One key to USC is keeping the offense off the field. If that works for UCLA, it will be only because the Trojans have scored so quickly.
Tailback Reggie Bush laid a cautionary foundation of an argument Tuesday when he said that if the Trojans lose, they should still play for the national championship.
"Look at Oklahoma two years ago," Bush said.
You could make a case for the 11-1 Trojans, but you won't have to. They won't be 11-1.
No. 13 Georgia vs. No. 3 LSU
SEC Championship Game
This reprise of the 2003 championship shapes up to be more competitive than that 34-13 rout, the game that propelled the Tigers into the Sugar Bowl, where they won a share of the 2003 national title.
This LSU team has dispelled doubts about its mental toughness that arose after the collapse against Tennessee. The Tigers have achieved a record (10-1) worthy of their talent. They have won overtime victories against their two toughest West Division foes. They have won when they played well and won when they didn't, as was the case Friday against Arkansas.
In Georgia, however, LSU will find a team every bit as good as Auburn. The Bulldogs have the second-best defense the Tigers will see this season. And unlike Alabama, Georgia has an offense to go with it. As talented as LSU quarterback JaMarcus Russell is, Bulldogs senior D.J. Shockley should be the SEC Player of the Year.
For one thing, Shockley leads the conference in passing efficiency (145.1 rating, 147-265-5, 2,199 yards, 19 touchdowns). For another, without Shockley, Georgia's offense looked like Alabama in a brighter shade of red.
The Georgia Dome might help the Dawgs, although it certainly did little for them two years ago. In a year when the conference championship games seem like more of a waste of time than normal, this one is the exception. It might decide only which team gets the honor of playing in the Sugar Bowl with the asterisk (Atlanta, not New Orleans), but it's also for bragging rights.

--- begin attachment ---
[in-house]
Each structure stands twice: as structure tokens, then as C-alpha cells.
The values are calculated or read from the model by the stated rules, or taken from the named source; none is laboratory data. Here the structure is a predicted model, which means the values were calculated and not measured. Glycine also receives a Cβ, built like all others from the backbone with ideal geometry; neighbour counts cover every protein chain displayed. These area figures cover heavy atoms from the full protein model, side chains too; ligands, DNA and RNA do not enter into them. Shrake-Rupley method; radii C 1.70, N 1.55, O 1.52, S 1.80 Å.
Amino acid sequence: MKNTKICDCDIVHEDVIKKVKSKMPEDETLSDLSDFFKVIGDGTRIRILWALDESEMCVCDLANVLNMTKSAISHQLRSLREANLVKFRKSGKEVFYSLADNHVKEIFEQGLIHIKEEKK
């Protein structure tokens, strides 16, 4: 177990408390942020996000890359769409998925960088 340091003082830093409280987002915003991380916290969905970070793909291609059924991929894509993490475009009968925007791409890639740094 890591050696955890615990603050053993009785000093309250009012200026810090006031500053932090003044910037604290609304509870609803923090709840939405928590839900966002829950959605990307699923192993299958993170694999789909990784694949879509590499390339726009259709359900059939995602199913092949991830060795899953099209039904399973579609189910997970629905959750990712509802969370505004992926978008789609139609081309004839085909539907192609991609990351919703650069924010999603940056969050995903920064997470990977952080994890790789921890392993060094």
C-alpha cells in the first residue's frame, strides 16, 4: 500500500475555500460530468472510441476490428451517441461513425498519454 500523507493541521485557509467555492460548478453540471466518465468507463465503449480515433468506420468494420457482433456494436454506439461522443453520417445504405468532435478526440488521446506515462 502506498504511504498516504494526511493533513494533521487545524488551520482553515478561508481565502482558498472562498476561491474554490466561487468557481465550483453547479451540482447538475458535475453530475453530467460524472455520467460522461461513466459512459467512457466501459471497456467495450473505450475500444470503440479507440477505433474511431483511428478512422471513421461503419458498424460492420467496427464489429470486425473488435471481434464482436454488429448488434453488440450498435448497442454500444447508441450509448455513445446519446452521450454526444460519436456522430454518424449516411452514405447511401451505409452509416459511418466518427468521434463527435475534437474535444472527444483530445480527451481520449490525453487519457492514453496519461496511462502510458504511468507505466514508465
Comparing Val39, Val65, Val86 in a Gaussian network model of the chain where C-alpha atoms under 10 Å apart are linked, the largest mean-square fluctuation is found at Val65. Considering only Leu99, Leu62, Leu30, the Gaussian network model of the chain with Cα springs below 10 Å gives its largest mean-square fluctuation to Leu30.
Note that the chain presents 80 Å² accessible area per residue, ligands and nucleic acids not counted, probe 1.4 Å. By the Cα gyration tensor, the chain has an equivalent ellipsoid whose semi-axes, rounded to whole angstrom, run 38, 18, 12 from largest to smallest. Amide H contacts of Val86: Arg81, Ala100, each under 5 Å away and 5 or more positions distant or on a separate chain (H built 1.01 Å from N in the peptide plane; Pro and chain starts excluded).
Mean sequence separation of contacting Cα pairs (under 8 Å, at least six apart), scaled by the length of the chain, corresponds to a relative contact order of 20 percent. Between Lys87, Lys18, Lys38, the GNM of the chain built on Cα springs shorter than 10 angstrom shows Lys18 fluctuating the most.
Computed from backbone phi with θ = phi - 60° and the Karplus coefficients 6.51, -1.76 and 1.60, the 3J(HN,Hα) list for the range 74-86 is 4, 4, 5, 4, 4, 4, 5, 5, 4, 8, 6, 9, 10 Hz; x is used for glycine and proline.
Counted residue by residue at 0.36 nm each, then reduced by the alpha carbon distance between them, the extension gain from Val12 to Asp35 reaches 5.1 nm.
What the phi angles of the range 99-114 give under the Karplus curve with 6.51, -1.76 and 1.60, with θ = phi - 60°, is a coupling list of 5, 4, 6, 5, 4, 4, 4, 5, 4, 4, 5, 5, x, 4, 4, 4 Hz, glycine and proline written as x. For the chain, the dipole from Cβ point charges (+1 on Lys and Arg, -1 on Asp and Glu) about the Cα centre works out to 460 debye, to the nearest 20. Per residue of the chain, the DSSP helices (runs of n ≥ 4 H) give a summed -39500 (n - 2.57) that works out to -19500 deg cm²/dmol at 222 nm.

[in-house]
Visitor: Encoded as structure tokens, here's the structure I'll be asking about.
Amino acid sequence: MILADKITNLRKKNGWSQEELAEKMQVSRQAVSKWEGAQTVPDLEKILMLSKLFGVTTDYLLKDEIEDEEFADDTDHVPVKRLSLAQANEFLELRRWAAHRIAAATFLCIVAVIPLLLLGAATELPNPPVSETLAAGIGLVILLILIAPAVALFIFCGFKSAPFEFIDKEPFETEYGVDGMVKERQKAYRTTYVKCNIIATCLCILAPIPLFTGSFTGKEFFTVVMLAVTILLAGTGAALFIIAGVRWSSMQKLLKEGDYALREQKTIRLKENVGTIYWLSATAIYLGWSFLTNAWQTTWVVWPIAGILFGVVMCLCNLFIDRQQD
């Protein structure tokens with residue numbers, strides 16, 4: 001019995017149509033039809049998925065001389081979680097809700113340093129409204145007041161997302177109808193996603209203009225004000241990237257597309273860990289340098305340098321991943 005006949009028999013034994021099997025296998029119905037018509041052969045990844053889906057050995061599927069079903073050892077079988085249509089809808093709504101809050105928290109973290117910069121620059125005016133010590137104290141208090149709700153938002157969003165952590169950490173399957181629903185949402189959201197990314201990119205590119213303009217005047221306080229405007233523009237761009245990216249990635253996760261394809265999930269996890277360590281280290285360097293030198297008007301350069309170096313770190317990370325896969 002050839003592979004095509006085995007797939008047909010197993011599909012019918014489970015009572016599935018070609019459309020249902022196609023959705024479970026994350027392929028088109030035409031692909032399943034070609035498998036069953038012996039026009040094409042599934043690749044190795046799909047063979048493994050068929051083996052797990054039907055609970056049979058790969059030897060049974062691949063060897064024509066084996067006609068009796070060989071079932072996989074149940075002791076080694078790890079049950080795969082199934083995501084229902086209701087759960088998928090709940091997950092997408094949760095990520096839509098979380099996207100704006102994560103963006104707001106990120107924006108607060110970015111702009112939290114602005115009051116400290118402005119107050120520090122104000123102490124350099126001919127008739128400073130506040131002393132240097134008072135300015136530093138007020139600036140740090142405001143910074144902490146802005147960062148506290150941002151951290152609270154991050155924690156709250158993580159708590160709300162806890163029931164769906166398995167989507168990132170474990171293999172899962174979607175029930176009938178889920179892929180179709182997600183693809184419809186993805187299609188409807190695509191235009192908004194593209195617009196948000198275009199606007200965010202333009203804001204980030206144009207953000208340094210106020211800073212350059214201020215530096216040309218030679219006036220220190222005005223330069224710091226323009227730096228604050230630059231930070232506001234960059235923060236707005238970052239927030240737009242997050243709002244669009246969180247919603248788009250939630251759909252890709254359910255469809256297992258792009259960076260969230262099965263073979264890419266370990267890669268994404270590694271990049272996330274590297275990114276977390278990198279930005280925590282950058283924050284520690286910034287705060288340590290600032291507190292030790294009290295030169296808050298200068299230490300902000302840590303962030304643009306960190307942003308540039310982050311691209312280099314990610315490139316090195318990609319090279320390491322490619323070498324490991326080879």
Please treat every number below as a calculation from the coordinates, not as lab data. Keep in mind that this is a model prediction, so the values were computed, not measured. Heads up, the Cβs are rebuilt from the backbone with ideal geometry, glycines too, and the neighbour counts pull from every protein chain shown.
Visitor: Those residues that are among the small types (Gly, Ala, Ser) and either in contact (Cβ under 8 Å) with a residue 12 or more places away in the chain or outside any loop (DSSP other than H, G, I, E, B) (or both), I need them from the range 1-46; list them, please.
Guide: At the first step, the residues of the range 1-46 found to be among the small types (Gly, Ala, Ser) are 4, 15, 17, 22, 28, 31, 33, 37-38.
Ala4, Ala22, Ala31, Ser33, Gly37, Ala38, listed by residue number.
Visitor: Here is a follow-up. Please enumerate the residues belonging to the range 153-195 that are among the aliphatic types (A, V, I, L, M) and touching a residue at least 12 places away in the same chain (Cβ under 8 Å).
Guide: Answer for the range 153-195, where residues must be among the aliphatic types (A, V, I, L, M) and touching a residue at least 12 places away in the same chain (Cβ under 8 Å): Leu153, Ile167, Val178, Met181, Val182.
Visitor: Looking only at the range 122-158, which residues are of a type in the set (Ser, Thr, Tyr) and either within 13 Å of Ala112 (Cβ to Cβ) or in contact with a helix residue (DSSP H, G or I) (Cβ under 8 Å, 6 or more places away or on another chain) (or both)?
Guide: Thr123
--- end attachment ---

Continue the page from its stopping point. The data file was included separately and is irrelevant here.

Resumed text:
If there is to be an upset in the one of the championship games, this will be the game. I think LSU will win, but I don't feel confident of the pick.
Army vs. Navy
It is the grandest pageant in college football. The student bodies of the U.S. Military Academy and the U.S. Naval Academy will march into Lincoln Financial Field in Philadelphia on Saturday and take their places in the stands, concluding weeks of anticipation and beginning one of the great games in the sport.
The Army-Navy rivalry has suffered in recent years. It is played the first Saturday in December, Championship Saturday, an almost cruel reminder of the on-field irrelevance of these one-time national football powers. It also has suffered from a lack of competition, although that might be merely a response to the incredible finishes the rivalry enjoyed in the 1990s.
Navy has won five of the last six, including the last three by an average margin of five touchdowns. The Midshipmen will bus up to Philly with a 6-4 record and a bid to the inaugural Poinsettia Bowl in San Diego, while the Black Knights are 4-6.
Navy is a soft 6-4 -- the Midshipmen played only two teams (Notre Dame, Rutgers) that finished the regular season with a winning record. Navy's six victims combined to win nine games. Air Force had four of the victories.
The schedule came in the ideal year. Navy had only seven starters return from the 10-2 team that won the Emerald Bowl a year ago. Senior quarterback Lamar Owens made a smooth transition from dependable backup to starter. He is the engine that makes coach Paul Johnson's offense go.
Army comes into the game with four consecutive victories, including a 20-0 defeat of Mid-American East champ Akron and a 38-10 rout of Sun Belt Conference champion Arkansas State. Senior Carlton Jones has rushed for 944 yards and six touchdowns in nine games. He is the first sign of life in an offense that has struggled in Bobby Ross' two seasons.
Ross has accomplished a great deal in his career -- a national championship at Georgia Tech (1990), a Super Bowl berth at San Diego (1994), and four ACC titles from his time at Tech and Maryland. He is missing a victory over Navy. On Saturday, he gets it.